Skip to main content

Know the rules: Point Scoring

Points shall be awarded by the central referee of a match whenever an athlete stabilizes a position for 3 (three) seconds.

When the proper defensive counter for a submission hold results in exiting the match area, the referee shall signal 2 (two) points be awarded to the athlete applying the submission hold (as addressed in item 1.3.7).

Matches should unfold as a progression of positions of technical control that ultimately result in a submission hold. Therefore athletes who voluntarily relinquish a position, in order to again score points using the same position for which points have already been awarded, shall not be awarded points upon achieving the position anew.

Athletes who arrive at a point-scoring position while caught in a submission hold shall only be awarded points once they have freed themselves from the attack and stabilized the position for 3 (three) seconds.

When one athlete comes to point-scoring positions but only gets out of the submission in hold without staying in these positions, he/she will not receive any advantage for that positions.

Athletes who, in defending a sweep, return their opponent back-down or sideways on the ground shall not be awarded the takedown-related two points or advantage point.

Athletes defending standing back-control, where the opponent has one or two hooks in place and doesn’t have one foot on the mat, shall not be awarded the takedown-related two points or advantage point, even after he/she stabilizes the position for 3 (three) seconds.

Athletes who begin a takedown movement before the opponent pulls guard shall be awarded two points or an advantage point for the move, respecting the Takedown rules.
When an athlete has a grip on his/her opponent’s pants and the opponent pulls open guard, the athlete with the grip on the pants shall be awarded two points for the takedown if he/she stabilizes the top position on the ground for 3 (three) seconds.
If the opponent pulls closed guard and remains suspended in the air, the athlete will have to put the opponent’s back on the ground within 3 (three) seconds and stabilize the top position for 3 (three) seconds to be awarded with Takedown points.
Athletes shall be awarded cumulative points when they progress through a number of point-scoring positions, as long as the three-second positional control from the final point-scoring position is a continuation of the positional control from the point-scoring positions from earlier in the sequence. In this case, the referee shall count only 3 (three) seconds of control at the end of the sequence before signaling the points be scored (e.g., guard pass followed by mount counts for 7 [seven] points).
In the case of the mount, when there is a transition straight from back mount to mount or Vice-versa—for being distinct positions—athletes shall be awarded four points for the first mount and another four points for the subsequent mount, so long as the three-second stabilization period was achieved in each position

For more rules



Popular posts from this blog

What is this tab on your Jiu Jitsu belt?

As we are getting closer to graduation, students that are not getting promoted to the next belt will likely to receive stripes instead. If you do not have a black tab on your belt, we cannot give you stripes. Why do we have stripes? The Gracies decided to have a stripes system in order to be different from Judo. As it takes 1-3 years between belts, it is nice to receive stripes once in a while. How often do we give stripes? It is usually done during graduation which is usually held twice a year (August and December). What if you miss the graduation event? No worries, we will give them during the following classes.   How many stripes can I get? You can get up to 4 stripes. Is there a minimum number of stripes in order to get the next belt?   No, in fact some schools do not bother with stripes. You can move to the next belt even if you do not have any stripes. What is the red tab for? It is for the instructors. A blue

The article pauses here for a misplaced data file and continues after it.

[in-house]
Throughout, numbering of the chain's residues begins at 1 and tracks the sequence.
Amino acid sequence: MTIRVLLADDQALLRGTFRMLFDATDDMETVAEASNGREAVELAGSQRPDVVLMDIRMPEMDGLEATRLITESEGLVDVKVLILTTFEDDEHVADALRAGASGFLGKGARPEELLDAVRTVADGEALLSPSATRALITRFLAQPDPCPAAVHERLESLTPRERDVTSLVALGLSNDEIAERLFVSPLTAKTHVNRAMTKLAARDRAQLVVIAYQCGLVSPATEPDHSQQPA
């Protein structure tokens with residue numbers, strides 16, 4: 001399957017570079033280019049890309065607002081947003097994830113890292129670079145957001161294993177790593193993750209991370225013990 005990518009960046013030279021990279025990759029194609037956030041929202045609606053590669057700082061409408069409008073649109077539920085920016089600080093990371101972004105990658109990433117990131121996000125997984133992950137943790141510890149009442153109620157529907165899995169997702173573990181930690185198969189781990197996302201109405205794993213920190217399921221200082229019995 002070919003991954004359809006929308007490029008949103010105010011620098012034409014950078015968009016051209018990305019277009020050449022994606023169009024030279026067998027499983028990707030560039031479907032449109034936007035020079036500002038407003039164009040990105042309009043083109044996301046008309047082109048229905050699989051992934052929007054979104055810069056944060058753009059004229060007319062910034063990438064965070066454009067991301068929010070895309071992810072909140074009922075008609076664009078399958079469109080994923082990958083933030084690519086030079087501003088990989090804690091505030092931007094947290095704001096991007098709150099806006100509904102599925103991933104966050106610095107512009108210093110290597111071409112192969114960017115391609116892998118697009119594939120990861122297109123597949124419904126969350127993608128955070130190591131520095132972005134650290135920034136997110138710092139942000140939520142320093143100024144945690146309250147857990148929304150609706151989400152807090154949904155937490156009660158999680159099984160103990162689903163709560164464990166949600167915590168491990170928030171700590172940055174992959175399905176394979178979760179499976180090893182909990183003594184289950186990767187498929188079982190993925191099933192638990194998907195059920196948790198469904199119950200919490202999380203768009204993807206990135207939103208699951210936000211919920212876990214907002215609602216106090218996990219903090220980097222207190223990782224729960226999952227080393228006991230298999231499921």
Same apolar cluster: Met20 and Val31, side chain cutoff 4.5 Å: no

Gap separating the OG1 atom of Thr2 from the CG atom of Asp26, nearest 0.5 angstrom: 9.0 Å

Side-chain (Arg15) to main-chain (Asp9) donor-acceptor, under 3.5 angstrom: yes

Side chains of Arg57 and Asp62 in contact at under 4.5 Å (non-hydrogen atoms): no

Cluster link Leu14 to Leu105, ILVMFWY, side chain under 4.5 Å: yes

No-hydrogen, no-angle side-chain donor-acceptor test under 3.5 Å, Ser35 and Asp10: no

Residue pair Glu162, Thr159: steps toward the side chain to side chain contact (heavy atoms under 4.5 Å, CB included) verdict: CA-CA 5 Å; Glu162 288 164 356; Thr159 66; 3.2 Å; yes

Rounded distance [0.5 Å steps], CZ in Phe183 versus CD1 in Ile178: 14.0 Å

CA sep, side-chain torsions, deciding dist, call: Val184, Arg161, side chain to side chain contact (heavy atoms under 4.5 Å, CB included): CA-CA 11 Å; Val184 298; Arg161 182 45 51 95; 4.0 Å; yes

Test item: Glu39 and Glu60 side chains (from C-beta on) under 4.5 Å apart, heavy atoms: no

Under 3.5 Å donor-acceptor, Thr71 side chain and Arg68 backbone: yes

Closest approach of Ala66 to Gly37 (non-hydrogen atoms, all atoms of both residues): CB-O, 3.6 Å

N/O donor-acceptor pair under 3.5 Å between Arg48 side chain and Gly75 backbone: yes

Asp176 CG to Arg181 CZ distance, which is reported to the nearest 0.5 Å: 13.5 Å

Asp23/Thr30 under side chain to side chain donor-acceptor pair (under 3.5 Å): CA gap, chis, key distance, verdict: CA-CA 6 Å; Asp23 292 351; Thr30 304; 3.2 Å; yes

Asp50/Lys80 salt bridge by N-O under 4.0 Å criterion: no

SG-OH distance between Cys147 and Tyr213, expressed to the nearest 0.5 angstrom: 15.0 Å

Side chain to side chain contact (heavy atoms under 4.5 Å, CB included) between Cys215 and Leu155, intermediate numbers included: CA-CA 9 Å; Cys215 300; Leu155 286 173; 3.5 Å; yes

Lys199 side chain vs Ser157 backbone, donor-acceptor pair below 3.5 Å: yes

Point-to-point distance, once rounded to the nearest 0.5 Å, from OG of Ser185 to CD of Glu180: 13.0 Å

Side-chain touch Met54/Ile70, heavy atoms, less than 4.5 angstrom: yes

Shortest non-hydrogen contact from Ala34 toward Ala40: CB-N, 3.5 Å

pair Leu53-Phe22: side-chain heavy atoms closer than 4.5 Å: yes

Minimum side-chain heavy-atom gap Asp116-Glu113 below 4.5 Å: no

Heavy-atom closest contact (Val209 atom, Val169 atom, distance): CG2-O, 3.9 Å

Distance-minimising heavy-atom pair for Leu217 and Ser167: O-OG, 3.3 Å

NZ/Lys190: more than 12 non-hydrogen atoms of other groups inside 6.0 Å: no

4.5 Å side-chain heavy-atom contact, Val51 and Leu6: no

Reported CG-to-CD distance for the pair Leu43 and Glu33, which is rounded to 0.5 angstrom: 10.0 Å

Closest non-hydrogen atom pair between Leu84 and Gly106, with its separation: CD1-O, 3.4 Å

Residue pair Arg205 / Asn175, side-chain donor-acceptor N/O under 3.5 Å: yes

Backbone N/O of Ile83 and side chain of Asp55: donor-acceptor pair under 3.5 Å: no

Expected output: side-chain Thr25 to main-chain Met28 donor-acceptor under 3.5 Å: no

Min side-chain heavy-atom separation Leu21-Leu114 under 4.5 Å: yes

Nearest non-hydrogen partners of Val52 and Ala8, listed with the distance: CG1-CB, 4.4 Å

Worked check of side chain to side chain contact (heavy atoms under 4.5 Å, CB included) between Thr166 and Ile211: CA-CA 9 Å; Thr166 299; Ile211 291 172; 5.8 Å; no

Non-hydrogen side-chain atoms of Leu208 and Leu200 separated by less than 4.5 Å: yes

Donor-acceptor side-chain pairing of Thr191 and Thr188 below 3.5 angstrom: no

The curse of the blue belt

I will teach you a black belt magic trick in Jiu Jitsu. If you want a student to disappear: give him a blue belt. It is recurring event in the life of an instructor and a club. If you think the drop out of white belts is bad enough, the ratio of drop out of the blue belts is worst. I am not sure if I agree with statistics on this picture. But the issue is not really about arguing about the percentages of drop out but more on discussing the reasons for such drop out and what we can do to prevent it.  Reasons for the drop out: It takes a long time to achieve a blue belt. It average between 1-3 years. After 1-3 years of training, people loose interest and wants to start a new sport or hobby. The goal of the student was to achieve the blue belt and not the black belt. Personal situations changes over the years. Lot of people that start training are young single males with disposable income. Lot of them are at university level or are single. Add a few more years and they

Auckland BJJ Police Training

  On the 17th of January we had our second Police training session at Auckland BJJ. Several of our members are police officers and they had asked if they can use the Dojo to do some training and practice off duty. We were happy to help and Stu and Jora helped out organizing the training.  We covered a few techniques that we thought would help these officers, and then we did some sparing sessions where they could apply these techniques. Below is a video of one of our arrest the black belt sessions :-) Auckland BJJ is happy to help the NZ police. Here is a gratuitous shot of my daughter and a police car.